By Terry Baucher*
“There’s no art to find the mind’s construction in the face. He was a gentleman on whom I built an absolute trust.”
Investors in Ross Asset Management are probably ruefully recalling King Duncan’s epitaph for the executed Thane of Cawdor after the Serious Fraud Office laid charges against David Ross last week.
He is alleged to have run a Ponzi scheme which overstated investment positions by more than $380 million.
So far, the liquidators for Ross Asset Management have only found $11 million of the $450 million of assets that was supposedly under management.
The collapse has affected at least 1,200 Ross Asset Management client accounts.
These investors almost certainly have over-declared income on the basis that the investments they thought they had made appear to have never existed.
Can these investors get back any income tax they may have overpaid?
This should be possible as the Commissioner of Inland Revenue has the discretion to amend any assessment “in order to ensure its correctness”. The collapse of Ross Asset Management would be an obvious example where the Commissioner can make the necessary amendments.
However, in order to make the relevant application, an investor must supply details of what the correct position should have been. This is going to take some time whilst the liquidators complete their work.
In the meantime the Inland Revenue’s position is that Ross Asset Management investors should file any outstanding tax returns to avoid potential late filing penalties. They can separately file any Ross Asset Management related disclosure needed at a later date once they have determined their true position.
The Ross Asset Management debacle highlights how much trust drives much of what we do in life and business, and the risks when that trust is betrayed.
These risks are obviously very pronounced in the financial services sector because of the sums involved.
The risks also exist amongst accountants and tax agents who either have access to client funds, or are promoting tax planning opportunities which are too good to be true.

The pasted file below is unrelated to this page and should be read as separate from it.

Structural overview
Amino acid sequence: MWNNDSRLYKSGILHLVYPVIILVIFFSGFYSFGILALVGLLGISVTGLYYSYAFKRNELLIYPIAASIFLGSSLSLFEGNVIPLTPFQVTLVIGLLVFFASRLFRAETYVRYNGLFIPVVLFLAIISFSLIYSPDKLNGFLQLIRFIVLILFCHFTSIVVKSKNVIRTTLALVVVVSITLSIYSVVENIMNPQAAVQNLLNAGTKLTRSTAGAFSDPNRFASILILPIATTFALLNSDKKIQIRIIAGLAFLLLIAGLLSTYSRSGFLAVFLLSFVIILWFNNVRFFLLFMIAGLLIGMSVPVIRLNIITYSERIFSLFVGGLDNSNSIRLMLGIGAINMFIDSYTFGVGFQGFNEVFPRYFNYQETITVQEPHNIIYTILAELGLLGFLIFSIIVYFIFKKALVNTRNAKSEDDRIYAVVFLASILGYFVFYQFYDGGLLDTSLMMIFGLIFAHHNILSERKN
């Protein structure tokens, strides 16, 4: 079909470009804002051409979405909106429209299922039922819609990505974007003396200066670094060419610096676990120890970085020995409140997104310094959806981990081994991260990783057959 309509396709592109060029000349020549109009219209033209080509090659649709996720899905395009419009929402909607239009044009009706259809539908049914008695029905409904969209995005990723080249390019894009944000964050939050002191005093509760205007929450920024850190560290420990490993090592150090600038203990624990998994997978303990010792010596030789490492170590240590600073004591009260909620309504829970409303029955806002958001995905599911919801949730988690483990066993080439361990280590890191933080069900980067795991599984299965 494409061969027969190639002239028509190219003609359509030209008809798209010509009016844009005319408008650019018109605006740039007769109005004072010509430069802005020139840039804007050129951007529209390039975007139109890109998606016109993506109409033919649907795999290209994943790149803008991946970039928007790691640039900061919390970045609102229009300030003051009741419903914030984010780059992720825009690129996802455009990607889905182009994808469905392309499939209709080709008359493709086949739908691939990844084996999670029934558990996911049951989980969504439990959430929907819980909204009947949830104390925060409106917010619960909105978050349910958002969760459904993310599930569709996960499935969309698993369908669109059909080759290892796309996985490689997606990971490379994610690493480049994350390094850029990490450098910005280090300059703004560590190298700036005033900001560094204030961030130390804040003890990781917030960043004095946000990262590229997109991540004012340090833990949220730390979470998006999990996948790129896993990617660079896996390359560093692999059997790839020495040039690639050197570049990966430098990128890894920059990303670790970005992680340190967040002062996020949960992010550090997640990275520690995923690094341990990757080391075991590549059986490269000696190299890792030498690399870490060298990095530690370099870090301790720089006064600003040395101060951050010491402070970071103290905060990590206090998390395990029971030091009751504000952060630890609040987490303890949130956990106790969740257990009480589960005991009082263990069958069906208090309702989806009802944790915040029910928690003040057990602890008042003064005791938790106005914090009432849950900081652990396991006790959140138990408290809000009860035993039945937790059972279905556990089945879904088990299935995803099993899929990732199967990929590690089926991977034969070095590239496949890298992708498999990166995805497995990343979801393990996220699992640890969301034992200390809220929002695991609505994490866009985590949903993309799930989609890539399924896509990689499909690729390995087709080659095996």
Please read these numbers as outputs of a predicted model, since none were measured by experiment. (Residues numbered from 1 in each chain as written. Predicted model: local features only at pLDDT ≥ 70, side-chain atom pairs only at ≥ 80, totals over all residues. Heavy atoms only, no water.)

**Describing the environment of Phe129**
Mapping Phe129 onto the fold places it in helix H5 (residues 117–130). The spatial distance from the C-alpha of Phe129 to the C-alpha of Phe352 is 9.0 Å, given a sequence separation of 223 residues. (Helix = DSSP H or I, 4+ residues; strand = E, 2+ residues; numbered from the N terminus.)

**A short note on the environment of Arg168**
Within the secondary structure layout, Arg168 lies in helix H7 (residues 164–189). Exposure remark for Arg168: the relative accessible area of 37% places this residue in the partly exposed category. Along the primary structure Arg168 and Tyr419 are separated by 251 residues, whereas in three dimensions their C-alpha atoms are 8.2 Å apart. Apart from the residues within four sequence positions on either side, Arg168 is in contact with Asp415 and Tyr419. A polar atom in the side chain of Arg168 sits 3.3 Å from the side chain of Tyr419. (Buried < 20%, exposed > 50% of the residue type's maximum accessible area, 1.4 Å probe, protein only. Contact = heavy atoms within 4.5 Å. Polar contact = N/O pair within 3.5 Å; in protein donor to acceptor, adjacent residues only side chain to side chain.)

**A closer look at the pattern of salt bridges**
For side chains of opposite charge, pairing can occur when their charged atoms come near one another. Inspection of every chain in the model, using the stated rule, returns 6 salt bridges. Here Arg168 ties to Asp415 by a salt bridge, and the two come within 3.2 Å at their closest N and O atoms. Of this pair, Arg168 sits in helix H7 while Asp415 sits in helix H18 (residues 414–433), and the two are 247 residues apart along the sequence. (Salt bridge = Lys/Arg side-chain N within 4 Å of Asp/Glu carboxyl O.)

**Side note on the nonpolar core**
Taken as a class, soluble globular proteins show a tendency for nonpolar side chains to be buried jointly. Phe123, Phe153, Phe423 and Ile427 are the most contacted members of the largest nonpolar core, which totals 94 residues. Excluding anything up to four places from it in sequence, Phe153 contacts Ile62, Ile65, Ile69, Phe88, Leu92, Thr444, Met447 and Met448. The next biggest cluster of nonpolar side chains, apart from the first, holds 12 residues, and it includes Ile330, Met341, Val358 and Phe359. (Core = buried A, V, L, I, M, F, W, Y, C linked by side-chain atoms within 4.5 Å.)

It’s surprisingly simple to become a tax agent: anyone can apply to become a tax agent if they are responsible for preparing the income tax returns of 10 or more taxpayers and they are either in public practice, or in the business of preparing income tax returns. At present no formal qualifications or membership of a professional body is required.
This means that some potentially “interesting” characters can apply to be tax agents. One such person is Carl Petterson, a prisoner at Christchurch Men’s Prison, who applied to be a tax agent after helping other inmates with their tax returns.
It didn’t end well for Mr Petterson, particularly after gang members in prison put him under pressure to reveal his secrets and enable them to make false claims. It’s not the sort of client pressure I would like to experience.
Unsurprisingly, Petterson was caught making fraudulent tax refund claims totalling $50,000, and received an additional one year jail term.
Petterson’s offending was relatively unsophisticated and easily detected. At the other end of the spectrum, two Wellington chartered accountants David Rowley and Barrie Skinner were found guilty of tax evasion in August 2012. They were jailed for eight years and eight and half years respectively, the longest sentences yet given for tax evasion.
Rowley and Skinner prepared and filed fraudulent income tax and GST returns on behalf of their clients. These returns included claims for invoices from Rowley and Skinner for services supposedly provided.
In fact these services were never supplied and instead Rowley and Skinner would split the resulting refund with their clients. Over a five year period the pair claimed fictitious expenses totalling more than $9 million, pocketing almost $2.3 million in the process.
As for Rowley and Skinner’s clients, they would have been expected to pay the tax defrauded, together with use of money interest (at rates of up 14.24%), and late payment penalties.
They may even be charged shortfall penalties of up to 150% of the tax evaded.
Like the fantastic returns boasted by Bernie Madoff, Rowley and Skinner’s clients have found out the hard way that the tax savings they were promised were too good to be true.
Despite their frauds, Petterson, Rowley and Skinner are the exceptions which prove the rule that the huge majority of the approximately 5,300 tax agents handling the affairs of almost 2.4 million taxpayers are responsible and hardworking professionals.
There are plenty of reasons why someone would engage a tax agent: quite apart from the tax agent taking over handling the Inland Revenue (correspondence typically gets sent to the tax agent rather than the taxpayer), the due dates for filing income tax returns and payment of terminal tax are extended.
For a taxpayer with a 31st March year end that means the due date for filing a return is extended from 7th July to the following 31st March.
Furthermore the terminal tax date is extended by two months to the following 7th April. In addition there’s the hopefully significant benefit of gaining access to the tax agent’s expertise. But as the case of Rowley and Skinner demonstrates this can be a two edged sword.
So the lesson is, as always, to be very careful who you trust with your money and your tax affairs.
Tax agents who are members of an Inland Revenue Approved Advisors Group such as the New Zealand Institute of Chartered Accountants, CPA Australia and the Accountants and Tax Agents Institute of New Zealand are most likely to have the procedures and skills to manage your affairs honestly and efficiently.
In the same way as you might choose a financial planner, you should check out the client testimonials, be clear about what type of services you are after and don’t get too swayed by the promise of fabulous returns.